Officers with the U.S. Capitol Police violently shut down a peace protest outside the Democratic Party headquarters in Washington, D.C., on Wednesday, in what organizers are calling an unprovoked attack that led to approximately 90 attendees being injured. While many media reports have described the events around the demonstration as a “clash” between police and protesters, members of the organizing groups say officers assaulted peaceful protesters without warning.
“We are still seeing the media use the descriptor ‘violent protest’ to describe what happened,” said Eva Borgwardt, who attended the protest and is a spokesperson for If Not Now (INN), an American Jewish organization that opposes the Israeli occupation of Palestine. Many of the protesters were Jewish, and some had lost loved ones in the Hamas attack on October 7, she said.
“Let’s be clear: this was a nonviolent, interfaith vigil and protest, and police responded by violently attacking protesters,” said Borgwardt.
The protest, organized by INN and Jewish Voice for Peace Action, along with Democratic Socialists of America, was one of hundreds that activists have held to mourn the deaths of Palestinians and Israelis and to demand a ceasefire in Gaza, where Israel has mounted a relentless bombing campaign following the October 7 attack by Hamas that killed more than 1,000 Israelis. Israel’s offensive has killed more than 11,000 people in Gaza, including over 4,000 children, at least 40 journalists and media workers, and over 100 UN workers. (This reporter is a member of Jewish Voice for Peace, JVP Action’s sibling organization.)
As the death toll rises, American Jews have been among the most vocal voices calling for a ceasefire. Organizers of Wednesday’s event say it was meant to pressure Democratic lawmakers to listen to the voices of their party’s voters, 80 percent of whom support a ceasefire, according to recent polling.
Protesters at the demonstration laid out thousands of electric tea lights to represent the Palestinians killed by Israeli attacks. They locked arms in front of some of the entrances to the Democratic Party headquarters, where congressional lawmakers and candidates had gathered for an event. Organizers have said they were engaging in civil disobedience in hopes of speaking with members of Congress as they left the building.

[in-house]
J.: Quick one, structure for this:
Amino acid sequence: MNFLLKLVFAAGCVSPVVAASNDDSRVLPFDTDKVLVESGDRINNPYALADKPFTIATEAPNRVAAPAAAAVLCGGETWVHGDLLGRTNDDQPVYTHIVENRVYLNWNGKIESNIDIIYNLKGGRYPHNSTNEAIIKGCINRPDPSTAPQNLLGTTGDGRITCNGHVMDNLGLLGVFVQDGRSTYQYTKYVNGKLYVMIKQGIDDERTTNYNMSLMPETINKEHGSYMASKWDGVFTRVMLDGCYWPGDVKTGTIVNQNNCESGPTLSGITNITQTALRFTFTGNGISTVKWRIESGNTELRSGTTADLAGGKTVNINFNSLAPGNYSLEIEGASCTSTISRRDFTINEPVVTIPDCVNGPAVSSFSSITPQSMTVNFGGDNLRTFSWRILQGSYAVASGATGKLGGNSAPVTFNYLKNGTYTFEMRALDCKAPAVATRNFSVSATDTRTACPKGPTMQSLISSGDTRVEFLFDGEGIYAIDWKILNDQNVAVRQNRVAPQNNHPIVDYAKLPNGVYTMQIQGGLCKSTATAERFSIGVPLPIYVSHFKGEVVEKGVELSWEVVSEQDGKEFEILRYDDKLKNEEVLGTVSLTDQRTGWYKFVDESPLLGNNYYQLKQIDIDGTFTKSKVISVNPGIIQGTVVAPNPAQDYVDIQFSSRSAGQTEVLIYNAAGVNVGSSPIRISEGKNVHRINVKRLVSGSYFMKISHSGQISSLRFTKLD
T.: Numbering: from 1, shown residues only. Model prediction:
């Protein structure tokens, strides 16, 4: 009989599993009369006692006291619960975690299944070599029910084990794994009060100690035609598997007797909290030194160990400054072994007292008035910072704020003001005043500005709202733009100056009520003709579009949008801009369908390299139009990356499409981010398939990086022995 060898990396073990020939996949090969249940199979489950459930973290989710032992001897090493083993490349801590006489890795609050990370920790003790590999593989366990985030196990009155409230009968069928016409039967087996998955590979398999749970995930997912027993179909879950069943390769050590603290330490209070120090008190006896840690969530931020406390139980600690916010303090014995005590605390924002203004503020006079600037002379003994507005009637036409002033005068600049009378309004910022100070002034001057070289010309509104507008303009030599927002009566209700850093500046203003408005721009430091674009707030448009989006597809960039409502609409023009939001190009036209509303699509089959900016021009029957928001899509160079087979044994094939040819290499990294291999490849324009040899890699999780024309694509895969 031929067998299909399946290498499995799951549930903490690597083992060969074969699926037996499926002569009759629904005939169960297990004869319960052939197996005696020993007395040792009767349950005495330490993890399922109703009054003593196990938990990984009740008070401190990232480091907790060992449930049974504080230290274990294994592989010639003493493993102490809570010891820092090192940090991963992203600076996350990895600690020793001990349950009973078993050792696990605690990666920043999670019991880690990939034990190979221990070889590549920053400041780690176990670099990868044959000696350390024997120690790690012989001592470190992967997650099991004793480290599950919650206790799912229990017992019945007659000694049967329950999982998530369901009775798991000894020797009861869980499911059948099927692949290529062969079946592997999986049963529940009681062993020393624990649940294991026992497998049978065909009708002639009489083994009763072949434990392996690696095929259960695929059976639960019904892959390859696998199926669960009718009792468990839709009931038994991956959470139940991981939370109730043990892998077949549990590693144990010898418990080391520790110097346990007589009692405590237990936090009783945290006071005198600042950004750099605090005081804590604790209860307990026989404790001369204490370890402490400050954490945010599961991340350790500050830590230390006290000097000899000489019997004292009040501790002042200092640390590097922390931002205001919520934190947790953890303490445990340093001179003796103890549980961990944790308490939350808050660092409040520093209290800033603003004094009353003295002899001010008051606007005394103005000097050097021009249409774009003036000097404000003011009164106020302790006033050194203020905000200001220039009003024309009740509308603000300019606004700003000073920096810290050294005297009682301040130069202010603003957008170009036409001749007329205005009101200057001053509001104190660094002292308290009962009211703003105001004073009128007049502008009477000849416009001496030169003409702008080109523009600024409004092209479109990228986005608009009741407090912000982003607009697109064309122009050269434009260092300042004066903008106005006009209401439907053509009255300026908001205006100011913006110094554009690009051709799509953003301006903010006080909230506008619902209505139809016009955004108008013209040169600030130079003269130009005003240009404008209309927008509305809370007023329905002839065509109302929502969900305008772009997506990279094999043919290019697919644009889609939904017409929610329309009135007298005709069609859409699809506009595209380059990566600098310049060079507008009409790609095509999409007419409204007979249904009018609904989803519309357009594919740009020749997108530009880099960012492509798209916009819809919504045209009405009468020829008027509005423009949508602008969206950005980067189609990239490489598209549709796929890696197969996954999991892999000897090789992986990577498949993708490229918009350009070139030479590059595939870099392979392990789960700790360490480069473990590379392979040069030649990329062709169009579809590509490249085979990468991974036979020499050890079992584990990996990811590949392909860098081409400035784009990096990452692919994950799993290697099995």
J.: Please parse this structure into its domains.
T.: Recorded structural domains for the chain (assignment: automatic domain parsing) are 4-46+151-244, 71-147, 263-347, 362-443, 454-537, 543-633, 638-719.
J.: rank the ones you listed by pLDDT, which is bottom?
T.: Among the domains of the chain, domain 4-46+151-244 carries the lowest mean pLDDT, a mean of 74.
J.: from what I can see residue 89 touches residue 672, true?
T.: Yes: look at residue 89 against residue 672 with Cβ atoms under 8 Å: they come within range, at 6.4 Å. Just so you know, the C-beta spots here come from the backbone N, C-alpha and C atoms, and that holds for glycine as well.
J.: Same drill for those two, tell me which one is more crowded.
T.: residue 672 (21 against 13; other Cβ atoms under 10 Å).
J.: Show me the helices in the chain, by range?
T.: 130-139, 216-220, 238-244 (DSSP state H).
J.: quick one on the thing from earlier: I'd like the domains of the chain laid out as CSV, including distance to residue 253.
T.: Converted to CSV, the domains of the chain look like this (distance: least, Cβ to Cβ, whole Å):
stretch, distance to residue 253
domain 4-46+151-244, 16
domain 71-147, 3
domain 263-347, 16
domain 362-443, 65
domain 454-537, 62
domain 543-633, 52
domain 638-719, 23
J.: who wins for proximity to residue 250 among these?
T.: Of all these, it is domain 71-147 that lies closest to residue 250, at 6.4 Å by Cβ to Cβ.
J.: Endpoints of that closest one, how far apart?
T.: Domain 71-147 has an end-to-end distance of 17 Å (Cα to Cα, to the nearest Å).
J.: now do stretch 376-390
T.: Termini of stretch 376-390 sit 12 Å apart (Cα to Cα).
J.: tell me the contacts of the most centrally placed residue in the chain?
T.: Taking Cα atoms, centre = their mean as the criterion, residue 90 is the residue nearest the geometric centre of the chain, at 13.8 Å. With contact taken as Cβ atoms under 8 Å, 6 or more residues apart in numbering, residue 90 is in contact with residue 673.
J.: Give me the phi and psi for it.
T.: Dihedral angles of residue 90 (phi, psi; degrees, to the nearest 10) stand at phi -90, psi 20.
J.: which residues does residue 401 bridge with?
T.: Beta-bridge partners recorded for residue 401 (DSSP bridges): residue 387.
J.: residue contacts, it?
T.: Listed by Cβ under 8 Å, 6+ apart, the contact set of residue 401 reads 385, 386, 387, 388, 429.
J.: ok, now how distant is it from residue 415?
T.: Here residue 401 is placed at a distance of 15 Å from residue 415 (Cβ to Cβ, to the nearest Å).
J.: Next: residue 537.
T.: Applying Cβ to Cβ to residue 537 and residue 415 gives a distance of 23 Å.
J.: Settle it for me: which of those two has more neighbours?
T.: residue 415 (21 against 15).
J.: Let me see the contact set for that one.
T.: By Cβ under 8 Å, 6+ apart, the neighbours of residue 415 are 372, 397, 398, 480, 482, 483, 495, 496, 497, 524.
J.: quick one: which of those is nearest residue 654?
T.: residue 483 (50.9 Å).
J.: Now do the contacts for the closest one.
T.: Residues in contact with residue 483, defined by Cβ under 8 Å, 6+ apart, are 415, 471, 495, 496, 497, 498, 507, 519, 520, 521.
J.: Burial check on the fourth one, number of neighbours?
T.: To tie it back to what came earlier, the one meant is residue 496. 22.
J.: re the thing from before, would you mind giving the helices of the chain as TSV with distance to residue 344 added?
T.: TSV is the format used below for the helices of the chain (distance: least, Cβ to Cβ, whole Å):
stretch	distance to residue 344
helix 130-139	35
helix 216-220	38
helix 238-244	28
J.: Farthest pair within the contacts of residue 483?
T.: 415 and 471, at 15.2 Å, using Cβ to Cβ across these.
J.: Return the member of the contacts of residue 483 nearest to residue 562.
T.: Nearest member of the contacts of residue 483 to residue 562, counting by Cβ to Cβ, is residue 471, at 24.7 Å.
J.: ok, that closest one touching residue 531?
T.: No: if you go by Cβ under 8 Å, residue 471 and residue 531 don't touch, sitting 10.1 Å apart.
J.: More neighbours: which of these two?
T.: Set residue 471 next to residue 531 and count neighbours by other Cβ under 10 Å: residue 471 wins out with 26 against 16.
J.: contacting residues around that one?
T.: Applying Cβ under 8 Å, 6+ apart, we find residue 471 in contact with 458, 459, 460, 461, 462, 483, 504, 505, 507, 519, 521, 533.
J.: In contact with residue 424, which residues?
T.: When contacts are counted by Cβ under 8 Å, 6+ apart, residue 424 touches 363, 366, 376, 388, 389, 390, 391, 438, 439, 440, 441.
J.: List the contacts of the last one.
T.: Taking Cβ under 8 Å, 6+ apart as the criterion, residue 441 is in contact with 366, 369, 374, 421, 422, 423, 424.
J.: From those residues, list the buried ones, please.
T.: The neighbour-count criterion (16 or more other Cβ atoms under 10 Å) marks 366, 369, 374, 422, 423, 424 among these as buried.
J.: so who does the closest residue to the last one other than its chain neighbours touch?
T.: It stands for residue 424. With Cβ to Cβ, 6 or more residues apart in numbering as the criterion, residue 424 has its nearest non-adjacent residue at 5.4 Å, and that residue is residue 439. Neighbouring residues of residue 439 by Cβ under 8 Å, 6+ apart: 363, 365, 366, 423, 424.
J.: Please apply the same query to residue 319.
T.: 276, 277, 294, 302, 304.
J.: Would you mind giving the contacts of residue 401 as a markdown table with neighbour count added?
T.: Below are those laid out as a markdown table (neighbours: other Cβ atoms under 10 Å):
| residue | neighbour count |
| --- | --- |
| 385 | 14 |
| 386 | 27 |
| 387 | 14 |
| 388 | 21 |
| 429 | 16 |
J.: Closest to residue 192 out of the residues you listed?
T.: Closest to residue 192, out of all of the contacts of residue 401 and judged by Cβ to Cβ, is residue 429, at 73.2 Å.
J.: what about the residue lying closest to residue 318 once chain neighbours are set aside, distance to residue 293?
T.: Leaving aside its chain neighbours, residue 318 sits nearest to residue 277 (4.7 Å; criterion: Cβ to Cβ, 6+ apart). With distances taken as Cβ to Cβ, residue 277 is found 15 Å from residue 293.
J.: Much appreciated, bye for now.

Almost immediately, police officers became violent, deploying pepper spray, shoving protestors back with bicycles, and knocking some down stairs, according to Borgwardt.
“What felt like 10 minutes into this nonviolent act of civil disobedience, police officers were already putting on full riot gear,” Borgwardt said. Police did not give an order to disperse and refused to speak with the protesters’ liaison, according to Borgwardt. In an FAQ published on INN’s website, Jeff Ordower of Jewish Voice for Peace said this had never happened before in decades of actions in D.C.
Videos shared by INN with The Appeal depict police pushing, punching, and attempting to pull protesters who had linked arms away from the doors. A photo shows an officer appearing to dispense pepper spray in a protester’s face.
“There was never a plan to peacefully disperse us,” Devan Spear, who attended the protest, told The Appeal in an interview. “The only plan was to escalate and to treat us with brutal violence.”
Spear said she suffered a concussion after police repeatedly threw her to the ground. She saw an officer scream at a protester to get up while another officer held his feet above his head.
“The goal of the protests was to be peaceful and to make sure that members of Congress saw the consequences of their actions in the 11,000 candles laid out in front of them,” said Spear. “Anybody who was there or has seen any footage or anything like that can tell that this was a peaceful protest that was met with unprovoked violence.
Police have meanwhile characterized their actions as a necessary response to violence by protesters.
“We have handled hundreds of peaceful protests, but last night’s group was not peaceful,” Capitol Police said in a press release. “Our team was quick, decisive, courageous and in control.”
The department reported that six officers “were treated for injuries, from minor cuts to being pepper sprayed to being punched.” Police arrested only one protester, who they said punched an officer. Claims about demonstrators using pepper spray on police quickly spread in news reports, fueled in part by a social media post shared by Democratic Rep. Brad Sherman, who described the event as “pro-terrorist” and “anti-Israel.” Police have not released further information supporting this allegation. Organizers have denied the claim, saying it’s more likely the pepper spray came from other officers.
“I did not witness that,” said Borgwardt. “But there is plenty of very clear photo and video of officers [using] pepper spray directly in the faces of protesters with other officers nearby, who likely would have been impacted by the use of that aerosol.”
Despite evidence casting doubt on the official police account, top lawmakers from both parties, including Republican House Speaker Mike Johnson and President Joe Biden, have praised law enforcement or condemned protesters for their actions on Wednesday.
In a statement to The Appeal, a DSA spokesperson criticized reporters for credulously repeating unverified police accounts in coverage that served to undermine the demonstration.
“Police routinely lie about such matters,” said Renée Paradis, a member of DSA’s National Political Committee. “Focusing on the narrative of a ‘violent’ protest allows the media to focus on the alleged actions of protesters rather than the message of the protest.”
Editor’s Note: This story has been updated to disclose the reporter’s membership in Jewish Voice for Peace.